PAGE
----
JetSmartFilters with Elementor Posts - Easy and Powerful

JetSmartFilters With Elementor Posts – Easy And Engaging

Introduction

In this tutorial I want to look at the JetSmartFilters Crocoblock plugin. JetSmartFilters is part of the Crocoblock suite and is included in every package except for the lowest end one. JetSmartFilters lets you add a filter to content listings created using Elementor Pro or Crocoblock widgets.

Video Version

What is a Filter?

When you use the Posts widget, for instance, in the “Query” section there is an area where you can include or exclude posts based on a category term. In the screenshot below, only articles that are in the “plugin” category will be included. This is called a “query filter” and what it is doing is filtering articles on the back end, before they are shown to the visitor.

example of a filter

JetSmartFilters has some back end query filter functions that you use when you define your filter, but it also has a strong front end feature. It provides you with filters on the page that the visitor can interact with to find the content they are looking for. These front end filters include the article matching the value you selected and hides all of the others.

JetSmartFilter is very full featured and supports many filter types. In the image below, you can see all of the filter types supported. Going down the top left side:

  • Checkboxes Filters are ones based on built-in or custom taxonomies (categories or tags) and you can check more than one category.
  • Radio Filter is like a checkbox filter, except that you can only choose one. This is like the radio buttons on your car radio. You can only select one channel at a time.
  • Indexer Filters are ones that are based on running an index on a post type and storing the results in the database. Filtering is quick, but you have to rerun the index any time to add a category or content so that the database is updated. In addition to the filter on the left, on the top there is another “Indexer Filter” where it shows the “Kids’, Men’s, and Women’s” buttons.
  • Check Range Filter is based on setting up a set of ranges (1-10, 11-20 …) tried to a field. In this case it is the product price. You check the ranges you want to filter for.
  • Rating Filter is tried to the Rating widget and filters based on the number of stars.
  • Range Filter is like the Check Range Filter except it has a slider you can use to make the selection.
  • Select Filter is tied to a taxonomy and the choices are listed in a drop down.
  • Date Range Filter is like the Check Range Filter. You need to define the date ranges when you setup the filter.
  • Color Filter is also manually defined though you combine it with a taxonomy that lists colors.
  • Image Filter lets you use images instead of names. It is also combined with a taxonomy.
  • Search Filter lets the visitor enter the value the want and do a regular search.
  • Checkboxes Filter is like the Radio Filter, but uses checkboxes instead of radio buttons.
types of filters

My Use Case

On Elementor360.com I report on Elementor related news. New plugins, updates, tutorials, and so on. I have a Custom Post Type called “News” and I add tags for each news item to keep them organized. Every few weeks I collect the news items into a newsletter (have you signed up yet?). Some Elementor Posts widgets have front end filters, but in my case I am using a “custom skin” to customize the news articles (see the tutorial on the Elementor Custom Skin plugin). The links go to the product website, not to the article on my site, as would normally be the case.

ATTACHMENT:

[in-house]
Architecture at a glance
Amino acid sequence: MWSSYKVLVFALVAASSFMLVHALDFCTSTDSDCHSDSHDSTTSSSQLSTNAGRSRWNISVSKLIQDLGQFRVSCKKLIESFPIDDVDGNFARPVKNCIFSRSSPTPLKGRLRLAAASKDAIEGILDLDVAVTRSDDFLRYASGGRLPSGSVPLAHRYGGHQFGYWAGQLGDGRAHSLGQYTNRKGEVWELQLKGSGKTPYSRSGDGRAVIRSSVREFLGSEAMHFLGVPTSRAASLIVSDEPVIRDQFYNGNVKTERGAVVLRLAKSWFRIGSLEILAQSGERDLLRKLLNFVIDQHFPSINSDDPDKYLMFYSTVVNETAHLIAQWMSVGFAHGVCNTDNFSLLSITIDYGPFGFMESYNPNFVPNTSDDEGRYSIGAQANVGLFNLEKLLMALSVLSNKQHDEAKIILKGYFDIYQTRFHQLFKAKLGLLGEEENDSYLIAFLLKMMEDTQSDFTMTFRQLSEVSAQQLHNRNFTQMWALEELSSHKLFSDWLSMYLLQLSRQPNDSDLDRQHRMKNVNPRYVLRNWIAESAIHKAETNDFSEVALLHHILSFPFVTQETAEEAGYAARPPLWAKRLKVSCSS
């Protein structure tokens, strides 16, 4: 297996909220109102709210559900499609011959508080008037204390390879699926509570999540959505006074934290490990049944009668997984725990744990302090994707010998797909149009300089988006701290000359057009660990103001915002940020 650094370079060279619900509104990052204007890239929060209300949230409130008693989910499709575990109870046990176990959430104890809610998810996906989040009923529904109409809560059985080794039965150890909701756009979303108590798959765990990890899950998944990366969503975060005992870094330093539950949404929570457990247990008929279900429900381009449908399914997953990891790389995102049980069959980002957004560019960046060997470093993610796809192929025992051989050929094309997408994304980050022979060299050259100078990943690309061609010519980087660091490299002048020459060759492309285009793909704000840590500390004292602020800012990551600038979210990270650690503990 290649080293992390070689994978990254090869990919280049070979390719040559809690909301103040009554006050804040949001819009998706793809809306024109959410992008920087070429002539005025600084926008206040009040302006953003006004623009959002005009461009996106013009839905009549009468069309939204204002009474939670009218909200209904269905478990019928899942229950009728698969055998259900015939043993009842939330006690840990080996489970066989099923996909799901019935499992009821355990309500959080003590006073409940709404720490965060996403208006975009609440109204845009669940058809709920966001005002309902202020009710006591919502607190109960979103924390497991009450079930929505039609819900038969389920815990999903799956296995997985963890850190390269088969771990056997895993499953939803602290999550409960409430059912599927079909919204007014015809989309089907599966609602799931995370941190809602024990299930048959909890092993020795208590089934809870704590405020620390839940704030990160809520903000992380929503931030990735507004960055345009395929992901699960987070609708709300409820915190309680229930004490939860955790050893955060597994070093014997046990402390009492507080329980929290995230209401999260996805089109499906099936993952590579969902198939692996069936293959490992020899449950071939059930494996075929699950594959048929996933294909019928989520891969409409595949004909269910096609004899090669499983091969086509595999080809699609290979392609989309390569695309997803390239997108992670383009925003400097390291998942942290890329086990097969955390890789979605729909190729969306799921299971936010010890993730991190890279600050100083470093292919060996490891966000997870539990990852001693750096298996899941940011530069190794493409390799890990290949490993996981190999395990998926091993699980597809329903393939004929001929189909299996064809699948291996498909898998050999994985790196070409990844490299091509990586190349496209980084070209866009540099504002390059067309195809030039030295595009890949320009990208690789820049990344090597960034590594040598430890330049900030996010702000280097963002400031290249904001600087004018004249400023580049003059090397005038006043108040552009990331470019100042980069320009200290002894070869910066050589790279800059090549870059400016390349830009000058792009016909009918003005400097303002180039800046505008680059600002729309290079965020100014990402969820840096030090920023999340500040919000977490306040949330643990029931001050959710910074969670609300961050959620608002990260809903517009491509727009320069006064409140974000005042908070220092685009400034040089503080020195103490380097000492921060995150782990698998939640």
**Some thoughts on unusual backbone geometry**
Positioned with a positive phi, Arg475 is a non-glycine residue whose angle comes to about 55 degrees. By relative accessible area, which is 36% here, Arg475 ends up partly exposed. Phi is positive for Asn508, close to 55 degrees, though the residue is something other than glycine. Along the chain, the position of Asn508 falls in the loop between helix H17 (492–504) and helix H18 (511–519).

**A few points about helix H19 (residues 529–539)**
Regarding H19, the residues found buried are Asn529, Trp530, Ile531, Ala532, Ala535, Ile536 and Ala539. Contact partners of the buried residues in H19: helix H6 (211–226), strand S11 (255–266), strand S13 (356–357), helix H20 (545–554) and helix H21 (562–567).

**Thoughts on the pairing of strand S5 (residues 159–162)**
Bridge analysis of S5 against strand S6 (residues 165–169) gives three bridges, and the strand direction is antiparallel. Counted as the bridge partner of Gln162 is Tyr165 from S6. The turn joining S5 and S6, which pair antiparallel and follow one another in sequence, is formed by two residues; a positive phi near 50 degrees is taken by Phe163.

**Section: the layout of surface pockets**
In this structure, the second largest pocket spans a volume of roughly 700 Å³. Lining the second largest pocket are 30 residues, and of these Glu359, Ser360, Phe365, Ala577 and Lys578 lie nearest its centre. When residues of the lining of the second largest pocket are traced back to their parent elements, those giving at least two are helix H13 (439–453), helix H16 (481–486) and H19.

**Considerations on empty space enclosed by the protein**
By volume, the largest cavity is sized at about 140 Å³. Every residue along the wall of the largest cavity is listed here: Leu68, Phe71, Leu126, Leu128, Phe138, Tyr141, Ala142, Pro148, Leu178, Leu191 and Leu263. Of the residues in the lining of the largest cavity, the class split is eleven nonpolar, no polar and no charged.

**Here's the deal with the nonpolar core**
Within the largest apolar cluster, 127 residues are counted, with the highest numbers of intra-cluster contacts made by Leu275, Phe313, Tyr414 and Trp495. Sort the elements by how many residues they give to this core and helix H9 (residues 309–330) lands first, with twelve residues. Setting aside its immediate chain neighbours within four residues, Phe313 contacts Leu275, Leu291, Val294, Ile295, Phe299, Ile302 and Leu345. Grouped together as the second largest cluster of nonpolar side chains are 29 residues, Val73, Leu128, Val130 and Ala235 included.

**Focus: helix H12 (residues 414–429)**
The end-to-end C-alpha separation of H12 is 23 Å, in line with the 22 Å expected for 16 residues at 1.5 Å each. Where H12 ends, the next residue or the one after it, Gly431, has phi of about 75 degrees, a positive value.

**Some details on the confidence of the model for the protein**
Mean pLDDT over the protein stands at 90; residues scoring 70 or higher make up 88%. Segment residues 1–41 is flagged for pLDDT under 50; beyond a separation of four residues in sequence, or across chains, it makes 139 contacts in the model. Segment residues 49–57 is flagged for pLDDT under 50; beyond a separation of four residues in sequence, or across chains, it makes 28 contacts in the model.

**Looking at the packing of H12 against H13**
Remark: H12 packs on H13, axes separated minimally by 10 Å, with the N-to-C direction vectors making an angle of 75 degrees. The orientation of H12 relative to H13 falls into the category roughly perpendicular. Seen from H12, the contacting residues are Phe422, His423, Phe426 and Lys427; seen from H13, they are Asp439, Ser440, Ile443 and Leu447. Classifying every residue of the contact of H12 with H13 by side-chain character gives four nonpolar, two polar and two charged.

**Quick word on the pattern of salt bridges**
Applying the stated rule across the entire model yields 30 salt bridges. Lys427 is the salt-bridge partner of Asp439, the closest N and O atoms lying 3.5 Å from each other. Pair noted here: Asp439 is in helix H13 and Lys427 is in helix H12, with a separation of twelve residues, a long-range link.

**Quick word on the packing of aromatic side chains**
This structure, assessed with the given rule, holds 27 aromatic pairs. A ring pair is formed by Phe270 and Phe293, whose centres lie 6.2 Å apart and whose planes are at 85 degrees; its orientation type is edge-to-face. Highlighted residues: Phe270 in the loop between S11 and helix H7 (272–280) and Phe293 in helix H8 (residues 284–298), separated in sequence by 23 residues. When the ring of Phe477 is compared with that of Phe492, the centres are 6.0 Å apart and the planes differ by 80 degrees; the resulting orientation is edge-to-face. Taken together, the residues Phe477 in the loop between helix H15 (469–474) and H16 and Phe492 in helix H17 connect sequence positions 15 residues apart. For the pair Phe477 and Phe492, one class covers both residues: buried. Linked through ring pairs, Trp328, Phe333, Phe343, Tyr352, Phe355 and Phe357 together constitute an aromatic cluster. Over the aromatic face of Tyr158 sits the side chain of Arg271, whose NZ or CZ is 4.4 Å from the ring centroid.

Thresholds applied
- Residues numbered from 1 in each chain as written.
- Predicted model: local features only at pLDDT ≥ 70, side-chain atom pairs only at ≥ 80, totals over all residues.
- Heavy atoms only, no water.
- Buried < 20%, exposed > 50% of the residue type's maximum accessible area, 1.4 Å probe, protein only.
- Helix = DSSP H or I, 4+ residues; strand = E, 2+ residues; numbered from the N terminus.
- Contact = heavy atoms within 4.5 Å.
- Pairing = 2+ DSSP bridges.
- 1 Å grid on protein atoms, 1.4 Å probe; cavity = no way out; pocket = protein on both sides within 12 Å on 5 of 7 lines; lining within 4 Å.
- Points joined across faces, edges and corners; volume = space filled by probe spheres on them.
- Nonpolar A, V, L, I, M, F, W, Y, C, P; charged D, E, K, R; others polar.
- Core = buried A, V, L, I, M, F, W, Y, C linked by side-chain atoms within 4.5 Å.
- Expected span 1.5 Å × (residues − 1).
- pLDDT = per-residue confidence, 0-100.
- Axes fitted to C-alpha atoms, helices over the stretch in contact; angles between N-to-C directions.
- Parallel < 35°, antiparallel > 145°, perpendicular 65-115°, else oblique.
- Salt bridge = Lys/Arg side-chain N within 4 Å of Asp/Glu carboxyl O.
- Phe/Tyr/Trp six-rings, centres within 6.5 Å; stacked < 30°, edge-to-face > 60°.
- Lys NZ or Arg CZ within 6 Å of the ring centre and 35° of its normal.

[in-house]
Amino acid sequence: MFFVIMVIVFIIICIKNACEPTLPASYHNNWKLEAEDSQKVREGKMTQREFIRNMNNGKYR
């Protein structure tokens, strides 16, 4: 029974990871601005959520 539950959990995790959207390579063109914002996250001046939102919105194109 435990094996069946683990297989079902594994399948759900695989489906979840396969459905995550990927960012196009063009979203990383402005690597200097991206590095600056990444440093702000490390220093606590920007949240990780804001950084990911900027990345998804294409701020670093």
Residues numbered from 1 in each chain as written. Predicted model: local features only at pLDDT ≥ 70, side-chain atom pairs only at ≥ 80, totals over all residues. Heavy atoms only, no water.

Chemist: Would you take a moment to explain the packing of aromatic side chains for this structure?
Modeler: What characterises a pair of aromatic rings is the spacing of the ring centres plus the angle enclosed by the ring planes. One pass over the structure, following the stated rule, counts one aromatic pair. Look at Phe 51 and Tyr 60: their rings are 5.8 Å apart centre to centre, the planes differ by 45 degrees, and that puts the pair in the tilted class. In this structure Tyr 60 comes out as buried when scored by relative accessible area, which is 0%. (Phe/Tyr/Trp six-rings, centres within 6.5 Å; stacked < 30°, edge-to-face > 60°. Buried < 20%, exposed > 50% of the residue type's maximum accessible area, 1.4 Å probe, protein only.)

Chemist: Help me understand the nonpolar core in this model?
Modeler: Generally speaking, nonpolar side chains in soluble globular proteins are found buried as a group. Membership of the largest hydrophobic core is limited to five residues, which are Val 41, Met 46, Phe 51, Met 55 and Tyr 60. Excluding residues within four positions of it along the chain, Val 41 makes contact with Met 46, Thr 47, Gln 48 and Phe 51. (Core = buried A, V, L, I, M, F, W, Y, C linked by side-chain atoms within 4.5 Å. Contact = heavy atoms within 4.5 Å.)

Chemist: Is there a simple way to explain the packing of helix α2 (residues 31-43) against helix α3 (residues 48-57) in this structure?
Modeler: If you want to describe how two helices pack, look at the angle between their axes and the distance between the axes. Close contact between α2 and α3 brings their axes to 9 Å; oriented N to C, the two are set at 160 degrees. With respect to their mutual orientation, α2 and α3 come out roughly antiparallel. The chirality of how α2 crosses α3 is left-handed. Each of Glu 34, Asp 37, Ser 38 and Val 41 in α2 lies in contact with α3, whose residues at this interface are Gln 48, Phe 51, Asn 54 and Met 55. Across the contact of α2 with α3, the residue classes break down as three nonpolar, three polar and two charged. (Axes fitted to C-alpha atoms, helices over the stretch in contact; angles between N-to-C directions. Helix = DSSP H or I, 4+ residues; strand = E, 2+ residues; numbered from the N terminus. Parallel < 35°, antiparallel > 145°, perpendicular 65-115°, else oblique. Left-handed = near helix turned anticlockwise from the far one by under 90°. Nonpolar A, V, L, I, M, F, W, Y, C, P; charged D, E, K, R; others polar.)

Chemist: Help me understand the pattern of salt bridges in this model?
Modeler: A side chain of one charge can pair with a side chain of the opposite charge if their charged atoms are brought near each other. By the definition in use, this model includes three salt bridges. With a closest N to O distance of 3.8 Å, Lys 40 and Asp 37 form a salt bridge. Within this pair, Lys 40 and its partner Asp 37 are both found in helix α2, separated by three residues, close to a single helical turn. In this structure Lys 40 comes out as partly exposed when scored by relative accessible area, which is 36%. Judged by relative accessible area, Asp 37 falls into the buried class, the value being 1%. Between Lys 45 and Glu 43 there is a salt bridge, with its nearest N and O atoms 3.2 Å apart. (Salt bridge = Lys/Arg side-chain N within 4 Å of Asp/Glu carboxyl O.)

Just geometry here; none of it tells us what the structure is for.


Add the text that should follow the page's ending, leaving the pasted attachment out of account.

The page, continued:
Here is a screenshot of a single news item:

single news item in the editor

And here is a screenshot of a list of news items in the WordPress admin. I outlined the column with the tags.

list of news items in the WordPress adim

I’ve been showing these on the site under the “Latest New” menu item. Here is a screenshot:

news page

There are a couple of problems with this news page. As you can see with the paging at the bottom, the number of news articles is growing. While someone can browse the news listing, that might not be very engaging. There are no images and after a while all of the articles just become a wall of text. Also, all of the articles have been tagged, but there is no way for a visitor to search. I’m using the JetSmartFilters plugin to solve these problems.

Creating the Filter

Background

JetSmartFilters can be used with Elementor Pro Post, Archive, and WooCommerce widgets and with the similar Crocoblock widgets. So you can use it in conjunction with the JetEngine plugin, which allows you to create Custom Post Types, custom fields, and listing loops. However, you can also use it stand-alone with Elementor Pro.

There are two parts to setting up a filter. On the admin side, you need to define the filter type and what taxonomies it is tied to or the customized search values you will use. Then in the Elementor editor, you use that filter and tie it to the Posts, Archive or WooCommerce listing. We’ll walk through that now.

Setting up the Filter in the WordPress Admin

When you install and activate JetSmartFilters, you get a new menu item in the WordPress admin.

jetsmartfilters menu

When you click the “Add New” you get a page that looks like this:

new filter page